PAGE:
Robust discrimination between EEG responses to categories of environmental sounds in early coma
AUTHORS: Cossy N, Tzovara A, Simonin A, Rossetti AO, De Lucia M
Frontiers in Psychology, 5: 155, February 2014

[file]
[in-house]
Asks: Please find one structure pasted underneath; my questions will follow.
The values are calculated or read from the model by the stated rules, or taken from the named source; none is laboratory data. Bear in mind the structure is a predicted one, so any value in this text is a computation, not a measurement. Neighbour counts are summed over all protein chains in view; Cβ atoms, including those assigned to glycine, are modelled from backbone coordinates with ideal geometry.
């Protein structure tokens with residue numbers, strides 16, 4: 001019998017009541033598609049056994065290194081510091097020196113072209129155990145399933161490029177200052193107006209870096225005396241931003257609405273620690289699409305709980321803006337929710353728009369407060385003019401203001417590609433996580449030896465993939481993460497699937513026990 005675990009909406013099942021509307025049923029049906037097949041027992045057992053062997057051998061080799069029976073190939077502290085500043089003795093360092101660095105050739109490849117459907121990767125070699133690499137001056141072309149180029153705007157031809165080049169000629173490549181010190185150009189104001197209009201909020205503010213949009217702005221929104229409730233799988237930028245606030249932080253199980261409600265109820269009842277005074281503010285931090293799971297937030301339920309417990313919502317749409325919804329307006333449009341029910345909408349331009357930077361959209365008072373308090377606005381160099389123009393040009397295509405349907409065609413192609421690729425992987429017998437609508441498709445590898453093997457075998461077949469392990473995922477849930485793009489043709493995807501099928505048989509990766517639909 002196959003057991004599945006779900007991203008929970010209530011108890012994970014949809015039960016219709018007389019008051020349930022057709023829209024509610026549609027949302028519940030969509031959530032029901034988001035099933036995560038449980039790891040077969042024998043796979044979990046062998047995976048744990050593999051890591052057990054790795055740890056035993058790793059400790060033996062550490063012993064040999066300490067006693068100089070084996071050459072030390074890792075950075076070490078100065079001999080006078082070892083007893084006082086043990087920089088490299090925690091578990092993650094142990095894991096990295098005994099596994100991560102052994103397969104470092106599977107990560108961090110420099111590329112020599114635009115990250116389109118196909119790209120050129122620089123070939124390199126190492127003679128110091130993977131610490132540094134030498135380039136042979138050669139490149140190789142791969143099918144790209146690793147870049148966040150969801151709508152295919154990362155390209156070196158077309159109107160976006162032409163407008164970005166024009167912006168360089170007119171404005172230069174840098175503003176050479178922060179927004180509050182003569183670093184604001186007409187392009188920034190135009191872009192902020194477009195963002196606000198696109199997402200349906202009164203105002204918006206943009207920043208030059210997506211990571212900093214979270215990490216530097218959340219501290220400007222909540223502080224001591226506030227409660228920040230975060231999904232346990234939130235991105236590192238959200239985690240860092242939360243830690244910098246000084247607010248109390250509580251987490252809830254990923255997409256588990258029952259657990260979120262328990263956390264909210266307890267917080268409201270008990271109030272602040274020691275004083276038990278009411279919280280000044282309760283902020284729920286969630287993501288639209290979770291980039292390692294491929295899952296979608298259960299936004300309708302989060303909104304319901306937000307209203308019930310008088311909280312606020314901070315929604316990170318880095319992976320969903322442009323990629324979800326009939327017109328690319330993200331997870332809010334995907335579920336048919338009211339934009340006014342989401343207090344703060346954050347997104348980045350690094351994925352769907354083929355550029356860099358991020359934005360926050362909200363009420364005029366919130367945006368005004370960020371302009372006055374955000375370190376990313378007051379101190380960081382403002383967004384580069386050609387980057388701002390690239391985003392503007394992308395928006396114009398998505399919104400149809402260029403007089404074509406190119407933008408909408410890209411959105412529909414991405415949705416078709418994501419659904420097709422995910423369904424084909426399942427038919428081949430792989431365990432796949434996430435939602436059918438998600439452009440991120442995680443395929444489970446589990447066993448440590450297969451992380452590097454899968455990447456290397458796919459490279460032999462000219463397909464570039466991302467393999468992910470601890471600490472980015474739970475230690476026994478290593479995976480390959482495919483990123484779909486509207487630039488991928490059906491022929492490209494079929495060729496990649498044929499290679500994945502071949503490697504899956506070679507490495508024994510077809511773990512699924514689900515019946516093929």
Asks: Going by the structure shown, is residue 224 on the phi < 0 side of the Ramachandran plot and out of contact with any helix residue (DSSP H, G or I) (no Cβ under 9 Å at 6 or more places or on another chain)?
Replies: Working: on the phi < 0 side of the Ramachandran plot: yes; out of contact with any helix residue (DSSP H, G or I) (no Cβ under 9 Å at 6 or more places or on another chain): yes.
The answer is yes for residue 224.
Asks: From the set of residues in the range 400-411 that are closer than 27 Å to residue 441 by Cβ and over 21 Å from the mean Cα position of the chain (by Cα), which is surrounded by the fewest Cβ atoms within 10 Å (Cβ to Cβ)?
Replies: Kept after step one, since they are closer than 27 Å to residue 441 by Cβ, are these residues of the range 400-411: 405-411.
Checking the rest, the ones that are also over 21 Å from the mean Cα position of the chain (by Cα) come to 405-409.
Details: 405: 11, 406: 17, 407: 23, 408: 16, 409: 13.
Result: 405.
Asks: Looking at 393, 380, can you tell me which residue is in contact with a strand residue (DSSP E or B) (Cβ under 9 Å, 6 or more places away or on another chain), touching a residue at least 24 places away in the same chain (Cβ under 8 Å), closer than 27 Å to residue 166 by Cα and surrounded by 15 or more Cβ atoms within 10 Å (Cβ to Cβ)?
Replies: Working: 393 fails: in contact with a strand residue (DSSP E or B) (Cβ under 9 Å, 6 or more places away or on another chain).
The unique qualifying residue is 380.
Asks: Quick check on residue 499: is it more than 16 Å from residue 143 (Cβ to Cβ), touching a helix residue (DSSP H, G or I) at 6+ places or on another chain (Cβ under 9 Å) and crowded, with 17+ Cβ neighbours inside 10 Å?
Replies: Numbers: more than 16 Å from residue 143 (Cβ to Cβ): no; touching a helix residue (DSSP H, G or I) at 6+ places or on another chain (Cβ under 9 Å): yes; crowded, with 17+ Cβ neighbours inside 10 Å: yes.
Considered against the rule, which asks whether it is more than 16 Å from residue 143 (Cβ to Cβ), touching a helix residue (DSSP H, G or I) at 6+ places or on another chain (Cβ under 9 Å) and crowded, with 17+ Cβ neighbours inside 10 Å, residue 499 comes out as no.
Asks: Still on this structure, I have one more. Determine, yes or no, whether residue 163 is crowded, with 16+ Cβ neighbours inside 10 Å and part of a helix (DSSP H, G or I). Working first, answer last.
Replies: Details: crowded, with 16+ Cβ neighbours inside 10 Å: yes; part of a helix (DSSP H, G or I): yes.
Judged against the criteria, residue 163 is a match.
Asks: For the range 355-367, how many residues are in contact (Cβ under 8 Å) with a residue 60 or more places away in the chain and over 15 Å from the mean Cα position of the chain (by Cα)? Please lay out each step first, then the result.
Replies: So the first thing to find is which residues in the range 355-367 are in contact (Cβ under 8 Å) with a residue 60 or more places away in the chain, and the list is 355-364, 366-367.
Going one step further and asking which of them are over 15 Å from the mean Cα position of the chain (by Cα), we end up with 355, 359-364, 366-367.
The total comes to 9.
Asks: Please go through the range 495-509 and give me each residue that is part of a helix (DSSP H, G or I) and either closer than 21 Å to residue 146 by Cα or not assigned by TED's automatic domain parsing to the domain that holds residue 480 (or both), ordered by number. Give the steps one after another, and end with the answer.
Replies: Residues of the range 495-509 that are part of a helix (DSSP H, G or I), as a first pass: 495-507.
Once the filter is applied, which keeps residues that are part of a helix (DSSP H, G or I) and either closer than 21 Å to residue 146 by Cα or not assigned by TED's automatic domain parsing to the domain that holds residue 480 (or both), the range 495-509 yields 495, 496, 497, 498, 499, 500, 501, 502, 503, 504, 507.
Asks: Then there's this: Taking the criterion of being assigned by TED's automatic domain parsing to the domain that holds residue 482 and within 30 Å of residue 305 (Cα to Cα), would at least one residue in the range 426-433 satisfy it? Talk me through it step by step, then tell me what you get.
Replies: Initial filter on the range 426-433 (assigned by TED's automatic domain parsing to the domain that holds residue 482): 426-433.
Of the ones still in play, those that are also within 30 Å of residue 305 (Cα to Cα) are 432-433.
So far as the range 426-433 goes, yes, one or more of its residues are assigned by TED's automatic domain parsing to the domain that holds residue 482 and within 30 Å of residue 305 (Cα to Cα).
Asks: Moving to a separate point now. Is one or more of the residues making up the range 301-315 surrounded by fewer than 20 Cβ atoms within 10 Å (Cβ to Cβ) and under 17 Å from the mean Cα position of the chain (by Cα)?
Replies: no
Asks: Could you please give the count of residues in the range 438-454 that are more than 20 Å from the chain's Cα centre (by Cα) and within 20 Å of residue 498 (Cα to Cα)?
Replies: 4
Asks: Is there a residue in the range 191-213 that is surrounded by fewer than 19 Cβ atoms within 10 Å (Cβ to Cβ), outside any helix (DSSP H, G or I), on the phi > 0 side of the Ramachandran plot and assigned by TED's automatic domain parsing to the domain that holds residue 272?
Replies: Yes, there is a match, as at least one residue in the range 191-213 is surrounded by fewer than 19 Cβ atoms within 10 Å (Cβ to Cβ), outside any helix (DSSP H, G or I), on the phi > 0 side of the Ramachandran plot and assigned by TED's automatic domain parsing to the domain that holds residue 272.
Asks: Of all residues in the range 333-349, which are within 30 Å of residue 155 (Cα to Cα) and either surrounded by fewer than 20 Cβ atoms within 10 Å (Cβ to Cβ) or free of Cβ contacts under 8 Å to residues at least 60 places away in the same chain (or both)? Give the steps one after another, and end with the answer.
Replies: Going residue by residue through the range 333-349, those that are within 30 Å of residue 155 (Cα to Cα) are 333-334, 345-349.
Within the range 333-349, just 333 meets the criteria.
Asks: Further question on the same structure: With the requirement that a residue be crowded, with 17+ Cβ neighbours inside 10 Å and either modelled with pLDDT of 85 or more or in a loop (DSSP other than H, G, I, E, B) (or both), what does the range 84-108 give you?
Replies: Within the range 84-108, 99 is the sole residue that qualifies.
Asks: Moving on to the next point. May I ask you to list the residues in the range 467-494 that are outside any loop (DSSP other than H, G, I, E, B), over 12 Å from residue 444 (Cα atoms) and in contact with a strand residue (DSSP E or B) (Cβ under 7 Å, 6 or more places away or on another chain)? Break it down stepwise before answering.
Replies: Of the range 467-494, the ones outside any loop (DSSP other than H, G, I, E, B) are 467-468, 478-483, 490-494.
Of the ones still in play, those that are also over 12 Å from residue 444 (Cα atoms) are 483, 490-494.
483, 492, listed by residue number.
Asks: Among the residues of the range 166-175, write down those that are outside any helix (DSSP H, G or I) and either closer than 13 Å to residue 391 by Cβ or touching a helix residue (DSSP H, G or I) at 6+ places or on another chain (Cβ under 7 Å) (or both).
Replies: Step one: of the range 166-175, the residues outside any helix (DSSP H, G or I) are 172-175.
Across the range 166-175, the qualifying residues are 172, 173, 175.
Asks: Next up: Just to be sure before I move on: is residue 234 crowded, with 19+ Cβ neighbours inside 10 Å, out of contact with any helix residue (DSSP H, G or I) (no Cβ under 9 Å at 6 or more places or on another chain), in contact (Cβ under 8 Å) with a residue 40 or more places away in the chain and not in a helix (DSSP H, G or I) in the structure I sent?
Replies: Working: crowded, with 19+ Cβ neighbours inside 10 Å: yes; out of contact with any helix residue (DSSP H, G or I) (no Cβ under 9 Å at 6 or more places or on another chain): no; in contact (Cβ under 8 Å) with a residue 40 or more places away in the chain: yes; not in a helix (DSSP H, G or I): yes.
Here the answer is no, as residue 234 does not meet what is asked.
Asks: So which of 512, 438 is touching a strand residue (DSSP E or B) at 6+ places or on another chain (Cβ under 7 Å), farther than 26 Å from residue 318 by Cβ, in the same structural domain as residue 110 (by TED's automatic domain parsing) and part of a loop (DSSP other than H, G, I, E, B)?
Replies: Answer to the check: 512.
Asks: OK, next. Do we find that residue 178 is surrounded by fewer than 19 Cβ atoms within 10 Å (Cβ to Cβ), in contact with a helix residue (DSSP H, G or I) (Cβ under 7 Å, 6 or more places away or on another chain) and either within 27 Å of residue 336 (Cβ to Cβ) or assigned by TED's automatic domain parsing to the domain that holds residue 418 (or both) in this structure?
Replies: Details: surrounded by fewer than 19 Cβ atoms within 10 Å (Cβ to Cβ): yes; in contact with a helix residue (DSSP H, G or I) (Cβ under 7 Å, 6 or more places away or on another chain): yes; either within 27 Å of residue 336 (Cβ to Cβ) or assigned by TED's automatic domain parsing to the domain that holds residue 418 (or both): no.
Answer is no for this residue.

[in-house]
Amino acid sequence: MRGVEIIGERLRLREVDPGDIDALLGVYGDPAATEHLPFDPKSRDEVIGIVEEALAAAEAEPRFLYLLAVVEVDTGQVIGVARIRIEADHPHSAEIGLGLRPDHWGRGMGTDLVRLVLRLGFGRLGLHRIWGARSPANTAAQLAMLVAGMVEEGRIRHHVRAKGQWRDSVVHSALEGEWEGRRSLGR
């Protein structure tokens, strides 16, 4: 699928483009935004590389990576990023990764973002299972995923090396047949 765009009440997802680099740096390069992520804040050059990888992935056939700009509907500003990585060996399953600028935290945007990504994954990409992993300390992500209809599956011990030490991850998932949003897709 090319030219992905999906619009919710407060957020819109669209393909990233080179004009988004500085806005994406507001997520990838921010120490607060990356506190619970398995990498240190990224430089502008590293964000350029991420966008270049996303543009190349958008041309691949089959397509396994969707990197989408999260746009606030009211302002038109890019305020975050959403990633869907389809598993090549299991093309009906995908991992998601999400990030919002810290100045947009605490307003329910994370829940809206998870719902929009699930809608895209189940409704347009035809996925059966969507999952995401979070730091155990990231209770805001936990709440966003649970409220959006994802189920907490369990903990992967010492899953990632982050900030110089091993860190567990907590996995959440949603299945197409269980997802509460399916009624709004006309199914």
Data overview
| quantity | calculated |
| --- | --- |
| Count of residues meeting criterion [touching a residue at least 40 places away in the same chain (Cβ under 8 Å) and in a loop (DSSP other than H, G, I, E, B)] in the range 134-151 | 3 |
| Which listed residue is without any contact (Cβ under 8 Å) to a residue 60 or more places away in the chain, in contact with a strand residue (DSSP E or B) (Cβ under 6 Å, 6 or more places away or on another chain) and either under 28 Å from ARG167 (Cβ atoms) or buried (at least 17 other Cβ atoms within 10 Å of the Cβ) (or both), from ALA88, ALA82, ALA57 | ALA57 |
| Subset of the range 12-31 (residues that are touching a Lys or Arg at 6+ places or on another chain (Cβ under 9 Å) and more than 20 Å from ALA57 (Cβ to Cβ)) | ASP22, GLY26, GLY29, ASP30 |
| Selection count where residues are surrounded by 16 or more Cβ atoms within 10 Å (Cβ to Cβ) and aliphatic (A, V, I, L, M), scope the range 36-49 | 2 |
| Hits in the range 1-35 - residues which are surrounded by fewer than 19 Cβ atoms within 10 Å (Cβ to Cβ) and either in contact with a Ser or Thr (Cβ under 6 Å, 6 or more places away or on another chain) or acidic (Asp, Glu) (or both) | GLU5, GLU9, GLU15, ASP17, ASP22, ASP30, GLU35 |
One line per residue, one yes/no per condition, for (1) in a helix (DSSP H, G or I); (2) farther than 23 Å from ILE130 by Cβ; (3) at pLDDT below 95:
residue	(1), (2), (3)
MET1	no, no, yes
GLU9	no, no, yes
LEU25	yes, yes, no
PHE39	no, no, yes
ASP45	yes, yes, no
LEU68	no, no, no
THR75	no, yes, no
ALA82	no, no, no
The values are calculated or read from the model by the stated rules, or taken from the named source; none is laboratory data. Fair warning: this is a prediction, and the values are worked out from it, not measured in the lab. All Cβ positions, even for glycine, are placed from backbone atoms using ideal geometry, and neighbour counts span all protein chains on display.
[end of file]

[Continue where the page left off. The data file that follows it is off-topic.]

Humans can recognize categories of environmental sounds, including vocalizations produced by humans and animals and the sounds of man-made objects. Most neuroimaging investigations of environmental sound discrimination have studied subjects while consciously perceiving and often explicitly recognizing the stimuli. Consequently, it remains unclear to what extent auditory object processing occurs independently of task demands and consciousness. Studies in animal models have shown that environmental sound discrimination at a neural level persists even in anesthetized preparations, whereas data from anesthetized humans has thus far provided null results. Here, we studied comatose patients as a model of environmental sound discrimination capacities during unconsciousness. We included 19 comatose patients treated with therapeutic hypothermia (TH) during the first 2 days of coma, while recording nineteen-channel electroencephalography (EEG). At the level of each individual patient, we applied a decoding algorithm to quantify the differential EEG responses to human vs. animal vocalizations as well as to sounds of living vocalizations vs. man-made objects. Discrimination between vocalization types was accurate in 11 patients and discrimination between sounds from living and man-made sources in 10 patients. At the group level, the results were significant only for the comparison between vocalization types. These results lay the groundwork for disentangling truly preferential activations in response to auditory categories, and the contribution of awareness to auditory category discrimination.